The final two hours of the series start off a little slow, but it’s interesting nonetheless. The politics of the day are summed up pretty quickly with Logan’s (Gregory Itzin) call to the President. Jack is out for blood, and is working his way up the food chain. The conspiracy to derail the peace process and all the collateral damage it has caused is a direct result of President Suvarov’s (Nick Jameson) orders.
One of the more telling scenes in the first hour comes when Jack decides to kidnap Jason Pillar, (Reed Diamond) and use him to gain access to a U.N. building. I have to say that Pillar’s transition from a tough as nails field commander to a shivering coward was pretty convincing. The look on his face when Jack (Keifer Sutherland) reminds him that torture is not out of the question is priceless. What was hilarious to me was how Jack produces a suture kit, and forces Pillar to “suture me up” while pointing a gun at his head. You could imagine the man wetting himself at any moment.
In the previous episode, Meredith’s call to Hassan’s daughter stirs up trouble. Presented with the possibility that the Russians may be involved with her husband’s murder, Dalia Hassan (Necar Zadegan) confronts President Taylor (Cherry Jones) with the rumor. The President is forced to make her first hard decision without consulting with Ethan, or Logan. She fights back tears summoning the strength to use blackmail as a last ditch effort to save the treaty. Mid sentence, she finds her composure and issues her ultimatum: sign the treaty, or we will wipe you off the face of the planet. This season has boasted some pretty powerful dialogue for the women on the show, which isn’t a surprise for 24 in particular, but atypical for an action series aimed at men. Allison Taylor has been my favorite president since David Palmer (Dennis Haybert). She plays the role legitimately, and there’s not a moment you don’t believe she is the president.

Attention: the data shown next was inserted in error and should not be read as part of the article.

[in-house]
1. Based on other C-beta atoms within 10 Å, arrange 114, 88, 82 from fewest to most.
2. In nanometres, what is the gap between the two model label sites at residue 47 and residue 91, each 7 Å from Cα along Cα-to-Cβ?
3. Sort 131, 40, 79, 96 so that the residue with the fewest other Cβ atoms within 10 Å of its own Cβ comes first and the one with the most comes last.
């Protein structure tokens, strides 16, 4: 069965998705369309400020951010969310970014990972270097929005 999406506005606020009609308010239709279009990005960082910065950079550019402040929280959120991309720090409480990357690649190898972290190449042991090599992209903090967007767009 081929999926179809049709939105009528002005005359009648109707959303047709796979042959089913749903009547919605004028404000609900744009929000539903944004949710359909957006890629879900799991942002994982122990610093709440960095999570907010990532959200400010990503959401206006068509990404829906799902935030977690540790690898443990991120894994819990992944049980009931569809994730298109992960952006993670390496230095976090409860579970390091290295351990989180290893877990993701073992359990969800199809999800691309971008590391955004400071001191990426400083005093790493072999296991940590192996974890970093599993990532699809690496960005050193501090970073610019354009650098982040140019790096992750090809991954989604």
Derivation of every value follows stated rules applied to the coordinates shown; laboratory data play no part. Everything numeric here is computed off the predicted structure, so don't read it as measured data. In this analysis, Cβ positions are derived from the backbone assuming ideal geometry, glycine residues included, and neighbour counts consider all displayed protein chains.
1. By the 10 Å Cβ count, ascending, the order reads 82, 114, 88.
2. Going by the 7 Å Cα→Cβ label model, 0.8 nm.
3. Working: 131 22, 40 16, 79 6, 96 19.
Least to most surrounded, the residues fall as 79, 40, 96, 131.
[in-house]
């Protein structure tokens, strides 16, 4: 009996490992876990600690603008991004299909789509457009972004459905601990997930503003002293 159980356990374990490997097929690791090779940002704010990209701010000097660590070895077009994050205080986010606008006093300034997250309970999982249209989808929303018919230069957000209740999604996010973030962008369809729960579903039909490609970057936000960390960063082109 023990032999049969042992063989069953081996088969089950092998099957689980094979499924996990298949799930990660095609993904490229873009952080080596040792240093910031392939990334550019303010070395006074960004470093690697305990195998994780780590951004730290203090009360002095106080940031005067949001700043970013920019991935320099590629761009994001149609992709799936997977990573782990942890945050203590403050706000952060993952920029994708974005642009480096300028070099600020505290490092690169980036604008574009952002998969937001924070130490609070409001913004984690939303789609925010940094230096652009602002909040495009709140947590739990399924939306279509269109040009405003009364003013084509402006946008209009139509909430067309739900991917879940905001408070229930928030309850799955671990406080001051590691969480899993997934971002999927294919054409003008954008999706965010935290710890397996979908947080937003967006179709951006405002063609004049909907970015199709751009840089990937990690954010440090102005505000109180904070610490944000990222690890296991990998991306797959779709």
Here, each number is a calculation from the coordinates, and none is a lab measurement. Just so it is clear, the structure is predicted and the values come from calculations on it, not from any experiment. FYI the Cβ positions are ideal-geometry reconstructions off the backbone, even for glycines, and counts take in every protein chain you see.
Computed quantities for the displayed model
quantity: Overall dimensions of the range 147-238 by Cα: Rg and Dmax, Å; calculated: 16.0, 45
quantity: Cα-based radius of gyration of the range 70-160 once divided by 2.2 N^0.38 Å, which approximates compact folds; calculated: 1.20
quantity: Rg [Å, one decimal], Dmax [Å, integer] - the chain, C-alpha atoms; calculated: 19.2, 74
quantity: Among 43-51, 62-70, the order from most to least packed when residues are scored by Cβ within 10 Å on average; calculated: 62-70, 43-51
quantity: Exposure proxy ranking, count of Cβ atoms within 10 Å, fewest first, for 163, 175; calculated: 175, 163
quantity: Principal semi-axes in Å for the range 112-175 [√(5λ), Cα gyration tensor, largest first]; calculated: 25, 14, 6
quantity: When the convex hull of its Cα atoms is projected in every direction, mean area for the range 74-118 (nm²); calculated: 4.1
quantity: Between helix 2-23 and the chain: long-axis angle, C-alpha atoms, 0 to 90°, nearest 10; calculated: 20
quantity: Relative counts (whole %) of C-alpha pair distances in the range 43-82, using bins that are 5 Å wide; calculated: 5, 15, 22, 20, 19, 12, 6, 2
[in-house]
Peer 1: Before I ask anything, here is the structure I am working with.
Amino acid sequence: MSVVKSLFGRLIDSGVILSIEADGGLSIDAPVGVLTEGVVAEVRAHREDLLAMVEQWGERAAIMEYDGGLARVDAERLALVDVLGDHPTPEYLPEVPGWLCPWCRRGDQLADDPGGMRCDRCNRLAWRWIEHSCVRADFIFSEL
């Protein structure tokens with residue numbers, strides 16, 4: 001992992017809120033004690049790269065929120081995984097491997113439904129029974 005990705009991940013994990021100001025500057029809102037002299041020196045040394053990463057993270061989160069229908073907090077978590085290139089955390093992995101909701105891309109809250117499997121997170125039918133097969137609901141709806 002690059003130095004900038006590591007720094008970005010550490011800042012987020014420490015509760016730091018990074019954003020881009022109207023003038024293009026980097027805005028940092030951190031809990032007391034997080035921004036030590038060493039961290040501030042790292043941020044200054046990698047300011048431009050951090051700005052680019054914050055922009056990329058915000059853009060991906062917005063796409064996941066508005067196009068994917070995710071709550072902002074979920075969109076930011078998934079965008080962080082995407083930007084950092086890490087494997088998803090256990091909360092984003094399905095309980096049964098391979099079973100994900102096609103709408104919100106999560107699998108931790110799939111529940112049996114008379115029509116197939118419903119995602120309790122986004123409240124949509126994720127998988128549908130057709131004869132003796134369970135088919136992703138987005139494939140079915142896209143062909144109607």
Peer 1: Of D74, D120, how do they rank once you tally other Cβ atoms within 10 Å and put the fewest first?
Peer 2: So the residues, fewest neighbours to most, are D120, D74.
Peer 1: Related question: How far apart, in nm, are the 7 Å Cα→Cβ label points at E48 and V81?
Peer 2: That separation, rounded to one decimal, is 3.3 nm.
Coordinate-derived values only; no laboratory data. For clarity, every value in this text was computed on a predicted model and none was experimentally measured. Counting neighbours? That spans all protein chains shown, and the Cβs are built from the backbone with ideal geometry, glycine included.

After Cole and Chloe discover Jack is inside their perimeter and likely getting set up to kill the President Suvarov, Chloe decides to go after Jack alone. I did like the way Chloe searches the building like someone with no experience holding a gun, much less sneaking up on a trained operative. But when she tries to convince Jack that what he is doing is wrong, we see the side of Chloe we’ve come to expect—she’s direct, argumentative, and won’t take no for an answer. We change gears here, as Chloe is successful in talking Jack down. They come up with a plan to get the evidence out in the open that doesn’t involve Jack killing President Suvarov. I, for one, would have liked to see Jack carry out his assassination, then somehow escape capture once again.
The emotional weight of the day’s events begins to take hold when President Taylor watches Jack’s would-be suicide video. She can no longer silence her conscience, and is forced to expose the truth at the expense of the peace treaty, and her government.
With the bombshell dropped, Logan senses the end game is near. In a final act of cowardice, he kills his right hand man Pillar, before turning the gun on himself. He assumes that without Pillar, no one other than Presidents Taylor and Subarov would know enough to put the dagger in his legacy. Gregory Itzin was a brilliant casting choice for this season, and he did not disappoint.
The final scene sets the stage for the much-anticipated movie. President Taylor gets a chance to apologize and make peace with Jack, and Chloe gets to say goodbye. I’m glad the series finished up strong, with great writing and excellent performances. I don’t know how they’re going to modify the format of the show to fit within the confines of a two-hour movie, but I’m sure they’ll come up with something.